Combining a Malay Muslim majority with Chinese, Tamil Indian, and assorted tribal minorities might be a fraught issue in many other countries, but Malaysia manages to keep its melting pot of cultures bubbling merrily with a year-long calendar of festivities that celebrate the faith traditions, cultural mores, and artistic expressions that make this country what it is.
Here is a more-or-less complete list of major events and festivals in Malaysia – although times and dates may change without further notice. Time your trip to Malaysia accordingly!
January/February: Chinese New Year
As one out of every four Malaysians claim Chinese ancestry, it’s no surprise that Chinese New Year in the country can be a big, nationwide, multi-day party.
Penang in particular celebrates the New Year with verve, with a few events worth checking out:
the Kek Lok Si Temple Display of Lights with over 200,000 light bulbs and 10,000 lanterns brightening the ancient temple as visitors gaggle at the colorful sight; a Hot Air Balloon Fiesta celebrated in Padang Polo for two consecutive mornings; and a major Chinese New Year Celebration in the Heritage Precinct centered around George Town’s Penang Esplanade, Lebuh Light, Lebuh King, Lebuh Penang, Lebuh Gereja, Lebuh Bishop, Lebuh Pantai and Lebuh Armenian.
Come for the colorful celebrations, and stay for the Penang food scene that gets even more wild during the festive season.
Relative to the Gregorian Calendar, Chinese New Year will begin on the following upcoming dates:
2019: February 5
2020: January 25
2021: February 12
2022: February 1
This annual feast celebrated by Malaysia’s Tamil community honors the Hindu god Subramaniam, or Murugan.
Visit the Batu Caves in Gombak District, Selangor, to watch a scenic procession featuring thousands of devotees bearing sacrifices to the Lord Murugan. If Murugan has granted a wish to a supplicant, he repays the Lord by bearing a kavadi: a portable altar attached by 108 vels, or metal skewers, pierced into the devotee’s skin!
To complete the ceremony, the supplicant – kavadi and all – must set out from Sri Maha Mariamman Temple in Kuala Lumpur to tackle the eight-mile hike on foot, before climbing 272 steps up to the cave opening.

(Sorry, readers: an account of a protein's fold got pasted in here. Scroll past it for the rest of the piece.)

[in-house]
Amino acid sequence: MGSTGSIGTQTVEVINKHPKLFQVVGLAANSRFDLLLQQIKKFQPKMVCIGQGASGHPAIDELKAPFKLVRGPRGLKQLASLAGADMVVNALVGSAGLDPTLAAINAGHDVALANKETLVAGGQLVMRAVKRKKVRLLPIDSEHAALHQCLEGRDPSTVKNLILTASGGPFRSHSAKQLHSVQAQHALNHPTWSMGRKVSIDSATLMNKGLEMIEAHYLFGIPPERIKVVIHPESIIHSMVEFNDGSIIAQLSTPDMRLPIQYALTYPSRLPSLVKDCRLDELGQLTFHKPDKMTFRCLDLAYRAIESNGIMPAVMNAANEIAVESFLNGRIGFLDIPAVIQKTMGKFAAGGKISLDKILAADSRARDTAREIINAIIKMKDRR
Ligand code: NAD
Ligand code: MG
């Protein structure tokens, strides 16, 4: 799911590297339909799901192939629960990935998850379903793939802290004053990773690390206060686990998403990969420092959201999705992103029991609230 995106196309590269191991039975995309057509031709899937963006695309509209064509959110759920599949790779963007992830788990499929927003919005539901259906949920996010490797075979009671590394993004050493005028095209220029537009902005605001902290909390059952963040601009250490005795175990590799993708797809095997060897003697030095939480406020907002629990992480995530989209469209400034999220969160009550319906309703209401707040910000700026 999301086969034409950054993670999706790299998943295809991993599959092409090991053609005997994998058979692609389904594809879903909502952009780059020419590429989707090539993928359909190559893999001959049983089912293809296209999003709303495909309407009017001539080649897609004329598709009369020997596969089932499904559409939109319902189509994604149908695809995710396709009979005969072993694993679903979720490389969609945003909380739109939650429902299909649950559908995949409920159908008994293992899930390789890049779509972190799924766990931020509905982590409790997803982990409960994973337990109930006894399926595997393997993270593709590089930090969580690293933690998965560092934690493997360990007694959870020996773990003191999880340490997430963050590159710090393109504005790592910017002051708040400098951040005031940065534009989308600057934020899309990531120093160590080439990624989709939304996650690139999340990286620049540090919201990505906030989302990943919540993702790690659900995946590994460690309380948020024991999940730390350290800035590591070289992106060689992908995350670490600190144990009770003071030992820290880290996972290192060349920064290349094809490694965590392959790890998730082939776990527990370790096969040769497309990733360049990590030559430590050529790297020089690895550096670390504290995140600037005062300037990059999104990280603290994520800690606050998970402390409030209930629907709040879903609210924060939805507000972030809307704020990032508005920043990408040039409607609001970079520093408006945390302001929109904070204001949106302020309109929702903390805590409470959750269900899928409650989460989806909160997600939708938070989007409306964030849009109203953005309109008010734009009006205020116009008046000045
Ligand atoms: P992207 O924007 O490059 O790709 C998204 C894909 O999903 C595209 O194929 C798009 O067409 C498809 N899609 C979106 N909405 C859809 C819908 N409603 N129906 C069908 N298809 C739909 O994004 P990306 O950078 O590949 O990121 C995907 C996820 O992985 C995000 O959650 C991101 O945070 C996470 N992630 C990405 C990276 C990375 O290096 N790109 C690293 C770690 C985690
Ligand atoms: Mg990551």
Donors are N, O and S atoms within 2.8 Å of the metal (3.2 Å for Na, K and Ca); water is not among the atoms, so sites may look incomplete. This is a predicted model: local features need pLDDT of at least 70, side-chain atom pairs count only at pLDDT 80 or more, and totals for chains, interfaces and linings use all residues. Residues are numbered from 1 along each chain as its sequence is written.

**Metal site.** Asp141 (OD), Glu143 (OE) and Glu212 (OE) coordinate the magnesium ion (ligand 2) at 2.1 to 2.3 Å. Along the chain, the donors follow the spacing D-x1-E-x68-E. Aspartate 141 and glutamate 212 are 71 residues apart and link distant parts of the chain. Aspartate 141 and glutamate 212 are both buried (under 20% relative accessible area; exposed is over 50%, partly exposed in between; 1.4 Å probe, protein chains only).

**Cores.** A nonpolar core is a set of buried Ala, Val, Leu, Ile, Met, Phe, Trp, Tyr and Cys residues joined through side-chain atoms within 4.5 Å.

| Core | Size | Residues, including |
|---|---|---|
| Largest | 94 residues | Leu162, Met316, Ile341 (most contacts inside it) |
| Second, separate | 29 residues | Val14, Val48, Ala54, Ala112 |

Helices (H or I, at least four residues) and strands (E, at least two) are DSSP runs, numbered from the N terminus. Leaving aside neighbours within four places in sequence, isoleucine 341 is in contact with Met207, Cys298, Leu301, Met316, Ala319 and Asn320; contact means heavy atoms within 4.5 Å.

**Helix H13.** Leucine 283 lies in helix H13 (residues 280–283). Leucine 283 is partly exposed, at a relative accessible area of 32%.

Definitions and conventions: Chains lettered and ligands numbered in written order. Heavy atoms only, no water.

The sound of drums and flutes fill the air, as the procession participants join the music with shouts of "vel, vel, vel". Once the chariot has reached the cave, devotees leave their kavadis and other sacrifices at the feet of the image of the Lord Murugan.
Relative to the Gregorian Calendar, Thaipusam will be celebrated on the following upcoming dates:
2019: January 21
2020: February 8
2021: January 28
2022: January 18
May: Caklempong Xtravaganza
Since 2014, the state of Negeri Sembilan has celebrated a local art form at the D'sury Auditorium for a weekend every May – a Sumatran musical performance that arrived in Negeri Sembilan in the 14th century and transformed into an indigenous craft.
About 20 musicians perform caklempong at the Auditorium and at several shopping centers throughout the capital Seremban – accompanied by other art exhibitions that showcase unique Minangkabau crafts.
Caklempong itself plays a major role in Negeri Sembilan ritual, as its music is played during the crowning of the Yamtuan Besar (elected king) of the state. The music itself is evolving, as the traditional gong ensembles of the caklempong now accommodate stringed instruments and even accordions.
May: Pesta Kaamatan
The Malaysian state of Sabah celebrates the entire month of May as Pesta Kaamatan – its traditional festival season – beginning with Sabah Fest and ending with Tadau Kaamatan one month later.
The three-day Sabah Fest kicks off Pesta Kaamatan, with celebrations that turn a spotlight on Kadazan-Dusun tribal culture. Dance and theater presentations around the Kompleks JKKN Sabah auditorium complement exhibits on Kadazan-Dusun handicrafts and cuisine – before culminating in a cultural show that rocks the auditorium’s roof off.
Tadau Kaamatan’s end-of-festival celebrations mark the end of the harvest season, a two-night event that begins with a “Magavau” ceremony thanking the Padi spirit, and ends with a “Habot” ceremony where a Harvest Festival Queen is crowned as tapai rice liquor goes on free flow.
May: Kelantan Kite Festival
A five-day festival at the end of May that draws kite enthusiasts from all over the world – the Pesta Wau Kelantan celebrates a native art form, painting the sky with both modern and traditional kite forms.
The wau bulan (moon-shaped kite) is a classic Kelantanese art form, considered one of the national symbols alongside the keris sword and the hibiscus flower. (A giant wau bulan marks the entrance to the shopping street beside Pasar Seni in Kuala Lumpur.)
The kite festival is held at Geting Beach near the town of Tumpat – the monsoon’s high winds allow kites to fly untrammelled, as spectators on the sands enjoy stalls set up to sell souvenirs and delicious Kelantanese food.
Expect over 160 local and international kite-flyers to come and show off their best work.
The festival of Ramadan (Ramadhan, or Bulan Puasa in Malay) marks a somber, reflective time for Malaysia’s Muslim Malay majority, with fasting in the daylight hours broken only by communal feasting at home or in one of the pasar malam (night markets) that crop up throughout the country.
Even if you’re not Muslim, you can visit a pasar malam to enjoy traditional Malay dishes cooked right on the spot over open coals.
Hari Raya – the end of Ramadan – begins as the new moon rises at the final evening of the fasting month. The Hari Raya festival is as big as Christmas is in the West – marked by families returning to their hometowns (balik-kampung) and open houses in the city that welcome everyone regardless of faith.
Relative to the Gregorian Calendar, Hari Raya will begin on the following upcoming dates: